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so i am going to race my automatic z28 tomorrow. how should i go about racing? i raced the other day and my tires were so loose i was spinning all over the road. Should i do a quick burnout to warm the tires to grip? also how should i launch? should i put her in drive then hold brake and rev? then after 3 honks let go of brake and mash the gas? thanks im a newb
 

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If you have street tires, a burnout won't really help alot. Just drive it aroud for a bit, let them come up to temp. normally. If thats not enough, look at some better tires maybe. As for launching, Yeah, just hold the brake down, rev to, say, 2500, then release the brake, add some gas to keep from chugging, then gradually feed the throttle in.

Also, the best advice I can give is this: Just take it to the track :p You'll get a better launch, more traction, and is safer for everyone.
 

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Well I am Gary.I am 62 yrs old.Since I was first able to drive(16) I have been involved in a serious drag racing program.I have watched drag racing evolve.

The best advise I can give is to consistently do exactly the same thing run after run.Prep the car for each run the same way,pre-stage and stage the same way,leave on the same light.I can tell you times that I got so focused that each round it seemed as if the car and me where one.

Keep records of each run.The weather,time of the day,changes to the car,anything that you can record that is important to ref back to so you soon will know if the track gets faster at night etc.Over time you will be more able to predict a ET given the conditions you are racing in.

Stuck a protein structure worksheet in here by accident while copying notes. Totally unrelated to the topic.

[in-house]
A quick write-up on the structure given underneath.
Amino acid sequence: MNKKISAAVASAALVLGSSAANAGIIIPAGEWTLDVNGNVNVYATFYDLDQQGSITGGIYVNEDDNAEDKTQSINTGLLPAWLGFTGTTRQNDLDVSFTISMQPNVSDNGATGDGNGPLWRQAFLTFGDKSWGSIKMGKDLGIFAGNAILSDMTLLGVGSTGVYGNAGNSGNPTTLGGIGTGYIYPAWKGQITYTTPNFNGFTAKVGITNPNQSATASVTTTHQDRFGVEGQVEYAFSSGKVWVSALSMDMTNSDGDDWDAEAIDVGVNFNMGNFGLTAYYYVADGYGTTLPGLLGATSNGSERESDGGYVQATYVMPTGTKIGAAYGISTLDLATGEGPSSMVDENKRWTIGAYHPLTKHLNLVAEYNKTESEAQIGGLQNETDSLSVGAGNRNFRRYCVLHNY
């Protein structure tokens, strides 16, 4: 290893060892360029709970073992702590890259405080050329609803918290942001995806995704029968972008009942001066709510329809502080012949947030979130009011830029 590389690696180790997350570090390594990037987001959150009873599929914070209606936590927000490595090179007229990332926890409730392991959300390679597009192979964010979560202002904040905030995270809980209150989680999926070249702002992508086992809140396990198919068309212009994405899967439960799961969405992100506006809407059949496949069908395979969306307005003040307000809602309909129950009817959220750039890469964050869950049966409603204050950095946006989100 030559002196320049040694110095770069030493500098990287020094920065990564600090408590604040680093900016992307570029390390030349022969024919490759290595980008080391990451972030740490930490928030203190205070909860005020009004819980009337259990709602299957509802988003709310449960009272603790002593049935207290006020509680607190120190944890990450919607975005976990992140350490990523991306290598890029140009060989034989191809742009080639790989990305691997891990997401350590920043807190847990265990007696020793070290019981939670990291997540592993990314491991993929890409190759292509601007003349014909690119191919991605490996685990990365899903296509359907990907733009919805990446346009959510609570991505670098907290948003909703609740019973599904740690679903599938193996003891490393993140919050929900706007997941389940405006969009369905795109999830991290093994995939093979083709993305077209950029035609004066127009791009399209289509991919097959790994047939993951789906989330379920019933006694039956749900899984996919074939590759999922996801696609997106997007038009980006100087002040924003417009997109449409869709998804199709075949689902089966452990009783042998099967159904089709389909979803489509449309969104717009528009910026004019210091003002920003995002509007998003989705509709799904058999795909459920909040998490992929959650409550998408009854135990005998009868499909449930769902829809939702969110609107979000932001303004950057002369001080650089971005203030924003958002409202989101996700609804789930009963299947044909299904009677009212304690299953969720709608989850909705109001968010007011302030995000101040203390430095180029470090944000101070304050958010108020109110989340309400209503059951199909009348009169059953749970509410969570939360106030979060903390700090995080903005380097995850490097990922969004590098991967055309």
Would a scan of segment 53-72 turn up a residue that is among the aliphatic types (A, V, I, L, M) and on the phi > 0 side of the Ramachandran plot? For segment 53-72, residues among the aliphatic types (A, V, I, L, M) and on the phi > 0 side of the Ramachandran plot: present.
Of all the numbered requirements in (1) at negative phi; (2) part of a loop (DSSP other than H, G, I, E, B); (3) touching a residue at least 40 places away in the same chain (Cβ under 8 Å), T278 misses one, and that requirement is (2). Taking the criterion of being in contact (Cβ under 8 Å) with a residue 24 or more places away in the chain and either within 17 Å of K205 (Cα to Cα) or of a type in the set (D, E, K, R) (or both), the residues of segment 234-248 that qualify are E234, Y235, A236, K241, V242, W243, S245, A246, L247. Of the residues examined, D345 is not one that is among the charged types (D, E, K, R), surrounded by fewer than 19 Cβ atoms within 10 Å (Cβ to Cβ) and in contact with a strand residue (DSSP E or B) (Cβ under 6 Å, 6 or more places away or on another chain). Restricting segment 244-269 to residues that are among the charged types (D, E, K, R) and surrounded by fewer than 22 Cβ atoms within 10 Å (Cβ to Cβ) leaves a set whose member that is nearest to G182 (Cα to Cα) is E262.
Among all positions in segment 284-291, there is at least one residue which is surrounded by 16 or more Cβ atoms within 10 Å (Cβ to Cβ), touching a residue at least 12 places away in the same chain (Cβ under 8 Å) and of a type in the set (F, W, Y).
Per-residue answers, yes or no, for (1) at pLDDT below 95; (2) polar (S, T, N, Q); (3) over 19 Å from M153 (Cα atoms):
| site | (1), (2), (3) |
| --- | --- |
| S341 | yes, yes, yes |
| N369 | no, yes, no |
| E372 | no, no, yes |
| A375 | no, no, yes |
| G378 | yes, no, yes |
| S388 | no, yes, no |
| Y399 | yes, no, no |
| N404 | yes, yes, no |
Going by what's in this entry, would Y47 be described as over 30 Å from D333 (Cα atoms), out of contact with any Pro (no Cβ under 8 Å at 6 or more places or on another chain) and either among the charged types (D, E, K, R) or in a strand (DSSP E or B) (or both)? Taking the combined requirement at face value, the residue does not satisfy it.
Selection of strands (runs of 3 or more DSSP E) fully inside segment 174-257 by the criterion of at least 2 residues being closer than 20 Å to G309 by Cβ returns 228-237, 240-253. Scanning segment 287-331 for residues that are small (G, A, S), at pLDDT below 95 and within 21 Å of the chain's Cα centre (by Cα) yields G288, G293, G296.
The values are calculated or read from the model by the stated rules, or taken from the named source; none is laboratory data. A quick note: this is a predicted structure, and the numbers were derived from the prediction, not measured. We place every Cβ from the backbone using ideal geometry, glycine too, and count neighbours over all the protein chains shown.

For me I will always take the pre-stage light before the person I am racing and after he stages then I will.I deep stage early in the day and shallow stage later in the day after the air gets better and the track cools off some.

I NEVER loose track where I am on the track during a round.60'-330'mark etc.All along the way I am making split second decisions.Where or not I am going to take the light or let the other guy break out.

Well I am going to leave it here for now.Suffice to say I and the current race team have won our fair share of races.Not by any means a brag,just to tell all of you we have always believed you are only as good as what you leave behind.Now in my later yrs in life......I think it is time to pass on what we learned over all those yrs.

Still through I can cut a 4.00 light.LOL.
 

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Think about what you are doing though. Launches are murder on your clutch. Learning to launch is even worse. Be ready to replace it shortly.
Awh hell, just get you some really sticky tires, get staged, then put the gas pedal on the floor and when the last yellow light is on its way out, let your foot slip off the clutch. Of course you'll want to have a very strong transmission, driveshaft, and rear end if you choose to launch in this manner, but it saves your clutch! LoL
 

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Couple quick stupid thing a first timer should remember. Is believe it or not clothes. Long pants are must at most tracks. Even in the heat you will need them. Most track like to see shirts with at least short sleeves no muscle shirts. I know there maybe girls and you like to show off but those are the track rules. Also find thin shoes I have a pair of wore out Chucks that I wear so I can fell the clutch and gas pedal better.